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RESP advice

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  • RESP advice

    Need some advice regarding RESP. Ex and I opened an RESP for our daughter in 1999 contributing equally. Ex left us in 2003 and stopped his contributions. Divorce was finalized in 2006, with one of the conditions reading " he shall convey his interest in the RESP" to myself. Once financially stable, I continued with the contributions. He hasn't contributed since 2003.
    Now we have a child attending post secondary education and he is saying that he has claim to the RESP. The money paid out for tuition and residence came from the RESP. He feels that this should be his contribution. So far he has not paid anything other than his regular CS even though he states he would like to pay.
    Anyone have any thoughts or advice on this?

  • #2
    He should be 'credited' for half all (both of yours) contributions when you were together (1999 to 2003), plus the growth of that portion. You would be 'credited' with the rest.

    I am not sure why the RESP was to be assigned to you as per the separation agreement - if this was for equalization purposes, then what I said above may not apply. If it was simply for control purposes, then I would say what I said is still valid.

    It seems that normally, the parents pay for 2/3 of the childs education (including living expenses etc). The 2/3 is divided between the parents in proportion to income.

    That is how you should be handling it in my opinion.

    On a side note, something that I have never seen here is how to determine the parents income proportions - to me it does not seem reasonable to do it based on the most recent year, but rather the average income of the parents since separation. This is because people don't usually pay for the education out of one years income, but rather usually save up over a period of time (as you have done), or borrow against their equity (same thing).

    Second, if the parents split near or during the child attending post secondary, it may make even more sense to divide the 2/3 costs evenly since as I said before this should have been saved over the previous years and therefore both parents will have received half those savings (or equity) when they separated.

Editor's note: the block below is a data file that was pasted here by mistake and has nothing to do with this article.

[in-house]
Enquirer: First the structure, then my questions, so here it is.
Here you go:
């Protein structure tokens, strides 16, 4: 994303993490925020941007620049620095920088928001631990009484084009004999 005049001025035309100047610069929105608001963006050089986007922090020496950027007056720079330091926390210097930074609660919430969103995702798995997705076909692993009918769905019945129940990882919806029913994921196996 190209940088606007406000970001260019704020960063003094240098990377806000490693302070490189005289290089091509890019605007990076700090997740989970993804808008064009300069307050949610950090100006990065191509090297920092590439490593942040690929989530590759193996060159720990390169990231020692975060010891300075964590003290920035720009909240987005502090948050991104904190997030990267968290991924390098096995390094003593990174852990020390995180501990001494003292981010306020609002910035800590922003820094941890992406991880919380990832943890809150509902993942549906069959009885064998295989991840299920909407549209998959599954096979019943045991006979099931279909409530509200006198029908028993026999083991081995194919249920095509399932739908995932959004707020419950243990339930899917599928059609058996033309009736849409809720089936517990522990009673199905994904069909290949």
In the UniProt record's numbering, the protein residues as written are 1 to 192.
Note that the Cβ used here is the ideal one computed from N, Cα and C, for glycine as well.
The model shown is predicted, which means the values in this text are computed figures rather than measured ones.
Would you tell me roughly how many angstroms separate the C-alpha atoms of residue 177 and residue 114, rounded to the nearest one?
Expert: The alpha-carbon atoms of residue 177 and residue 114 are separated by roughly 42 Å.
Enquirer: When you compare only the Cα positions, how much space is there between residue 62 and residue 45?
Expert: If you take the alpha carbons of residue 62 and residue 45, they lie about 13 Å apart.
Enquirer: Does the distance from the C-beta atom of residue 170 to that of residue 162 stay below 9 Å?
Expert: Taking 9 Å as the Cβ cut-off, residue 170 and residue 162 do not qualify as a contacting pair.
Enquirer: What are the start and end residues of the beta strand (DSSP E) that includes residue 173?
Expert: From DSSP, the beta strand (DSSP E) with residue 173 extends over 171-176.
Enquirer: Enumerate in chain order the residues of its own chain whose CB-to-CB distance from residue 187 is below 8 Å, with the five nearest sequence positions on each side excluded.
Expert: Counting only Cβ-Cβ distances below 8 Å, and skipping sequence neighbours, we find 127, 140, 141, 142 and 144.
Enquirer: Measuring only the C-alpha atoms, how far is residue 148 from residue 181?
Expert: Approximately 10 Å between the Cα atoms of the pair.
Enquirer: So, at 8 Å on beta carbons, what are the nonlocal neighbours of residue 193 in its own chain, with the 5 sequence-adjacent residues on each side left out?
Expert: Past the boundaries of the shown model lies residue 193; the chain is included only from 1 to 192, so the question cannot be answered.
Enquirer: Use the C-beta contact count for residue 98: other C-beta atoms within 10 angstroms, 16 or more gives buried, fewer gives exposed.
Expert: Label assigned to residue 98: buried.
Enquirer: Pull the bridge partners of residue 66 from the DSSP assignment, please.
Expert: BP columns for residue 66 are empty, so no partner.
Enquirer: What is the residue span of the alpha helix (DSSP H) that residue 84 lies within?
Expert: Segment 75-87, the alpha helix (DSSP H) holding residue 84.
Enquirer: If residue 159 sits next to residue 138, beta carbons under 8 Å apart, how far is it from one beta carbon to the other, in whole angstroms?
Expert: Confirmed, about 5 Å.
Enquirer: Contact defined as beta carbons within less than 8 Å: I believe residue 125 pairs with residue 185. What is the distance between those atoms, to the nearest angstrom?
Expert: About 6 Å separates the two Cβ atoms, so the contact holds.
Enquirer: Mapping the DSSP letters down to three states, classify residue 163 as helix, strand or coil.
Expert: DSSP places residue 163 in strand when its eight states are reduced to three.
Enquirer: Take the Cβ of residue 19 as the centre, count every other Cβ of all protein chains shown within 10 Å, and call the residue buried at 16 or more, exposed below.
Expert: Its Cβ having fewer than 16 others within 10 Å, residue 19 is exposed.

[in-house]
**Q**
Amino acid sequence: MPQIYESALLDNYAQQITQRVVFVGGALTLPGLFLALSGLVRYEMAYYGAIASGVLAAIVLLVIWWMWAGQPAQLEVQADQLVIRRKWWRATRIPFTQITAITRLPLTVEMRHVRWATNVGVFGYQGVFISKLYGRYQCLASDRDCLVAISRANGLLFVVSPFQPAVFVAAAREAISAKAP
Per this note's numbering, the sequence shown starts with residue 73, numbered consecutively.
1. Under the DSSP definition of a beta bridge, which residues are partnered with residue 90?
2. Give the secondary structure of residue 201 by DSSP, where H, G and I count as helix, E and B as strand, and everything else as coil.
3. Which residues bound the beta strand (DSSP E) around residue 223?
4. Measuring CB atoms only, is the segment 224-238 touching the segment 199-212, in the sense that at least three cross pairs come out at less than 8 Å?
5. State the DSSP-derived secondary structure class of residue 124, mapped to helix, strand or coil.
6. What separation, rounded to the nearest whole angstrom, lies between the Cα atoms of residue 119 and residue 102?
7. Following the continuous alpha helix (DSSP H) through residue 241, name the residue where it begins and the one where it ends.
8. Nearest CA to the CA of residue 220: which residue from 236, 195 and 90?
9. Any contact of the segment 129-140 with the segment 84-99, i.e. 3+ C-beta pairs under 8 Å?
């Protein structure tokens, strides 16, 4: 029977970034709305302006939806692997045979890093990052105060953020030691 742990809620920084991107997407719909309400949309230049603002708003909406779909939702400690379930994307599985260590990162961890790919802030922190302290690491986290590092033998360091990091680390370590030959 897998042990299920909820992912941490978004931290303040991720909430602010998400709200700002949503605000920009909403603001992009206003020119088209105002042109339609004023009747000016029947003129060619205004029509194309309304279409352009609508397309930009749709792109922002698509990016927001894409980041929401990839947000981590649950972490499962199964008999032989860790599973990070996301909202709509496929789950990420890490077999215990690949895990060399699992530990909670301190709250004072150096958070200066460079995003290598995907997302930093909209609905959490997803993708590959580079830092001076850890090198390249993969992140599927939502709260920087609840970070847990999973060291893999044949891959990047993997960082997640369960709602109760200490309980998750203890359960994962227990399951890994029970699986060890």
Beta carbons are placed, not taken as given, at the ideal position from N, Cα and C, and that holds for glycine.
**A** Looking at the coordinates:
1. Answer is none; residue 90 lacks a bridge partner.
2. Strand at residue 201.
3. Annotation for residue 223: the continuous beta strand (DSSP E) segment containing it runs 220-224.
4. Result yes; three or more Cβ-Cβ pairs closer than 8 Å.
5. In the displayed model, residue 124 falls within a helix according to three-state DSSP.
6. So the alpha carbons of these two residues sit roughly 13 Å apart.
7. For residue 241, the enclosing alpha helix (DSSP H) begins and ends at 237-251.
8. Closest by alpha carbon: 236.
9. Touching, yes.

I'm sure there is a formula that one could come up with that deals with these concepts such that there is no arguing. But lawyers (and most people) suck at math, especially when they come out on the paying more side.
    Last edited by billm; 02-21-2011, 03:42 PM.


    • #3
      Thanks Billm,

      I was of the same thought with the division of the RESP, giving him credit for actual money he put towards the fund. He isn't happy with that.

      Also to make muddy the waters even more, the ex wants the division of post secondary cost to be the following: 33% child and of the remaining 66 % he wants it divided three ways between myself (mom), my husband (step dad) and himself. So in reality he is paying less than his daughter.

      Any thoughts on this?

      Just for info purposes, ex and I make the same amount. Step dad makes less
      Last edited by jessie01; 02-21-2011, 04:01 PM. Reason: more info


      • #4
        Your husband has ZERO to do with the calculations.

        33% - child

        66% you and your ex, split proportional to income.

        RESP valuation aside, the above is the most commonly accepted formula.


        • #5
          Originally posted by jessie01 View Post
          I was of the same thought with the division of the RESP, giving him credit for actual money he put towards the fund. He isn't happy with that.

          I said half of ALL contributions while you were together, I did not say 'actual money he put towards the fund'.

          What do you mean by 'actual money he put towards the fund'?


          • #6
            To BillM,
            In essence we agree. Half of ALL contributions while we were together is what I'm willing to give him credit for.
            The ex is trying to say that I should have put some money from CS towards the fund up to and including this month on his behalf. So in his mind he was contributing and has claim to half of the full amount of the fund.
            I have been able to secure bank statements for the funds so there is no argument of the amounts invested from 1999-2003 and then the amounts from 2003 to present.


            • #7
              CS does not cover post secondary school costs, so he is wrong.


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